Navigation
  •  

Kim orders lockdown after North Korea reports first COVID-19 case

North Korean farmers wear masks while working in the Kangso District of Nampho City on May 9, 2022. On Wednesday, the first COVID-19 case within the country's borders was announced. (Kim Won Jin/AFP/Getty Images/TNS)

North Korean leader Kim Jong Un ordered all cities to be put under lockdown after the state for the first time Thursday said it has COVID-19 in its borders.

“A serious situation has been created due to the introduction of a stealth omicron mutant virus into our precincts,” its official Korean Central News Agency said. At a party meeting Thursday attended by Kim, authorities elevated the country’s national quarantine measures to “maximum emergency,” it added.

Kim ordered “all cities and counties across the country to thoroughly lockdown their areas,” so as to “completely block the transmission of malicious virus,” according to KCNA.

Until Thursday, Kim’s regime had denied it had any COVID cases, a claim doubted by experts in the U.S., Japan and other countries. It has also refused vaccines from the outside world, with reports saying planned shipments have been put on hold because North Korea was unwilling to follow rules by Covax, a body backed by the World Health Organization.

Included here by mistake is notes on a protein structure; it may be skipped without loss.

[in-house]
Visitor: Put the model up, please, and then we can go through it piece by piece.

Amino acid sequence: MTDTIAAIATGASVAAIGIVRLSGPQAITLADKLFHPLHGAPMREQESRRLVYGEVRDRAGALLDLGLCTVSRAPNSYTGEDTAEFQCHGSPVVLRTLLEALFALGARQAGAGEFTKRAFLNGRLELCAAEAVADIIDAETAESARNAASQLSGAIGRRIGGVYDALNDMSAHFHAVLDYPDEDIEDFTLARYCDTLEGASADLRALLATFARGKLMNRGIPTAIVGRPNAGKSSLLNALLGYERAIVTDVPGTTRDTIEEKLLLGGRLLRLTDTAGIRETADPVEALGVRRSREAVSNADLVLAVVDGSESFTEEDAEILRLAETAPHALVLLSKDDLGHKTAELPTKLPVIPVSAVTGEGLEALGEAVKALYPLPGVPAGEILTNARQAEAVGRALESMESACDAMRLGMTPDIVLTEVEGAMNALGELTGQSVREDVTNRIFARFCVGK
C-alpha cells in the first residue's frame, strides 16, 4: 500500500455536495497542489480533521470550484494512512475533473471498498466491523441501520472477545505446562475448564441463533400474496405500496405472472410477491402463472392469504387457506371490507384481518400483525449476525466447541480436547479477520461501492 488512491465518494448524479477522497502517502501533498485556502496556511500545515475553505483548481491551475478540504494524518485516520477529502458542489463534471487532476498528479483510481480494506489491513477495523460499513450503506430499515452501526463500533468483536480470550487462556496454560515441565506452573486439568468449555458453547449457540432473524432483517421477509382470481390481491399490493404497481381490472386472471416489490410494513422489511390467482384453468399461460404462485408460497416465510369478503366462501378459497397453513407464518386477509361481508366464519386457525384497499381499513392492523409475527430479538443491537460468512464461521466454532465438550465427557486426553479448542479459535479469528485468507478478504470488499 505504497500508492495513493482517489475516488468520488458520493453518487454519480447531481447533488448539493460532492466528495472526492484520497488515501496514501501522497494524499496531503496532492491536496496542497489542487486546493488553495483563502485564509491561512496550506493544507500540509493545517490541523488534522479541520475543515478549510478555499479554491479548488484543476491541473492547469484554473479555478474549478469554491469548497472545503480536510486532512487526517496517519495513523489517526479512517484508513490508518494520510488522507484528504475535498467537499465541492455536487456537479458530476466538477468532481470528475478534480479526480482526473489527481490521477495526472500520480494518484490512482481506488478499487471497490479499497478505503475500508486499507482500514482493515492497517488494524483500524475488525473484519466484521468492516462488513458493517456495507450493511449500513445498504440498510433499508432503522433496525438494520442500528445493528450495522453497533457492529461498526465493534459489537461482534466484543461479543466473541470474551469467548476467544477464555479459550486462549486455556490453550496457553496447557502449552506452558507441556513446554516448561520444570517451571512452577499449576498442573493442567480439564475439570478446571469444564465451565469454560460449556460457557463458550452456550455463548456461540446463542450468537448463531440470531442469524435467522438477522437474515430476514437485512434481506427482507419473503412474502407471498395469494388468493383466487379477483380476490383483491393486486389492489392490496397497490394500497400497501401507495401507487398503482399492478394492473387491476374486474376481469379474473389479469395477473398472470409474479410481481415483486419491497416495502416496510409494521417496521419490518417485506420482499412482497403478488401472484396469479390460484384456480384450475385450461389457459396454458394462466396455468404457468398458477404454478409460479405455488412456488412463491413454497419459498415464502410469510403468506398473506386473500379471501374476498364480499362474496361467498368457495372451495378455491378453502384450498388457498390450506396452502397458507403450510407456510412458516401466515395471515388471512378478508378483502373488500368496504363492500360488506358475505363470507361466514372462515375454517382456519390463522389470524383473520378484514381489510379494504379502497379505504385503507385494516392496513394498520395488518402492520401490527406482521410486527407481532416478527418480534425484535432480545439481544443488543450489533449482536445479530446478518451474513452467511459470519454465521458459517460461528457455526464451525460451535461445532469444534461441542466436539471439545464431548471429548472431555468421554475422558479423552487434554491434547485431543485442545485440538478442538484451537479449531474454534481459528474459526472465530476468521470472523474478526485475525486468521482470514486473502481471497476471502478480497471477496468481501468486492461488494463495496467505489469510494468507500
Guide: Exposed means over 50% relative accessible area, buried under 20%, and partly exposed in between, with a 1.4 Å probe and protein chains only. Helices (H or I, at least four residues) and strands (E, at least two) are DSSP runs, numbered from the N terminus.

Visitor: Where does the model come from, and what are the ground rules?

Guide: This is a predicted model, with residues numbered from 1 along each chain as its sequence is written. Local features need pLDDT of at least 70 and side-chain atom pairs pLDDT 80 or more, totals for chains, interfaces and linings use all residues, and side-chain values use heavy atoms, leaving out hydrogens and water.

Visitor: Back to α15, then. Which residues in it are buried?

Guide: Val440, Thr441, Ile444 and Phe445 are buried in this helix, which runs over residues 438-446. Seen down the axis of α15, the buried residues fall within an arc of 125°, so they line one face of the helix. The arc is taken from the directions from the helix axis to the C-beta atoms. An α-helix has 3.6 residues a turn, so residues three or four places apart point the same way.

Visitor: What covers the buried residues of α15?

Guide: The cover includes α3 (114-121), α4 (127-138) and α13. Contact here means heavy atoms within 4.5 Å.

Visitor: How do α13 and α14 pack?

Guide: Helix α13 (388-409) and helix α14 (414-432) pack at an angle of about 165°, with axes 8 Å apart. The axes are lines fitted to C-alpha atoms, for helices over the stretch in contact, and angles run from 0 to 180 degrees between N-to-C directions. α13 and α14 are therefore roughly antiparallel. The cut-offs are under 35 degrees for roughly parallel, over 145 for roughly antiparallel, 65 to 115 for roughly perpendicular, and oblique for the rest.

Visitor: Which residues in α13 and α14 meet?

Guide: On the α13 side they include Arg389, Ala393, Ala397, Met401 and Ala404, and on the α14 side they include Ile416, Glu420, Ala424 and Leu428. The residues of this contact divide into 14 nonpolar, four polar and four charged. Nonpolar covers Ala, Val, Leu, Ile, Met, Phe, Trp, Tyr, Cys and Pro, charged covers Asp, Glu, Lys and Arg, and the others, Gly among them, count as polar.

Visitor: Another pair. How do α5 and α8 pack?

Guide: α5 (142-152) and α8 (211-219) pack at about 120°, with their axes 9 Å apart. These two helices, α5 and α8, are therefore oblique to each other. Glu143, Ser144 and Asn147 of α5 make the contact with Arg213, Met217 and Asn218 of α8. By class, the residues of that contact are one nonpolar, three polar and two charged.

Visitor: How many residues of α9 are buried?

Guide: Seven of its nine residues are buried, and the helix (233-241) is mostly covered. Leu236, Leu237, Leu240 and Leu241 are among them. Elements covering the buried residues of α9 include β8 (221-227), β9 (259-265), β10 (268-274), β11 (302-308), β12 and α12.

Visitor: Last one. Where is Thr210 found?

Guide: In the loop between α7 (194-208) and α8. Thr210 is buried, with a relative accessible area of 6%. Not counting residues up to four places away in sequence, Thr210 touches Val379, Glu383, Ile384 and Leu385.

In August 2020, North Korea said it was pushing ahead with the development of a vaccine against the virus, but has given scant mention of vaccines since then. Any COVID-19 outbreak in North Korea, if widespread, could potentially be devastating given the country has an antiquated health care system and likely no vaccines.

The outbreak may also help answer a pressing question about the severity of the highly infectious omicron variant that’s currently circumventing the world. Scientists are split about whether the strain is less dangerous than the original pathogen that emerged in Wuhan in late 2019, or whether vaccinations and immunity from previous infections has neutered its impact.

North Korea’s drastic COVID containment measures have worsened the regime’s economic woes, particularly the border closure more than two years ago with China, its biggest trade partner. Along with international sanctions, the measures have walloped sanctions-hit North Korea’s economy.

___

© 2022 Bloomberg L.P
Distributed by Tribune Content Agency, LLC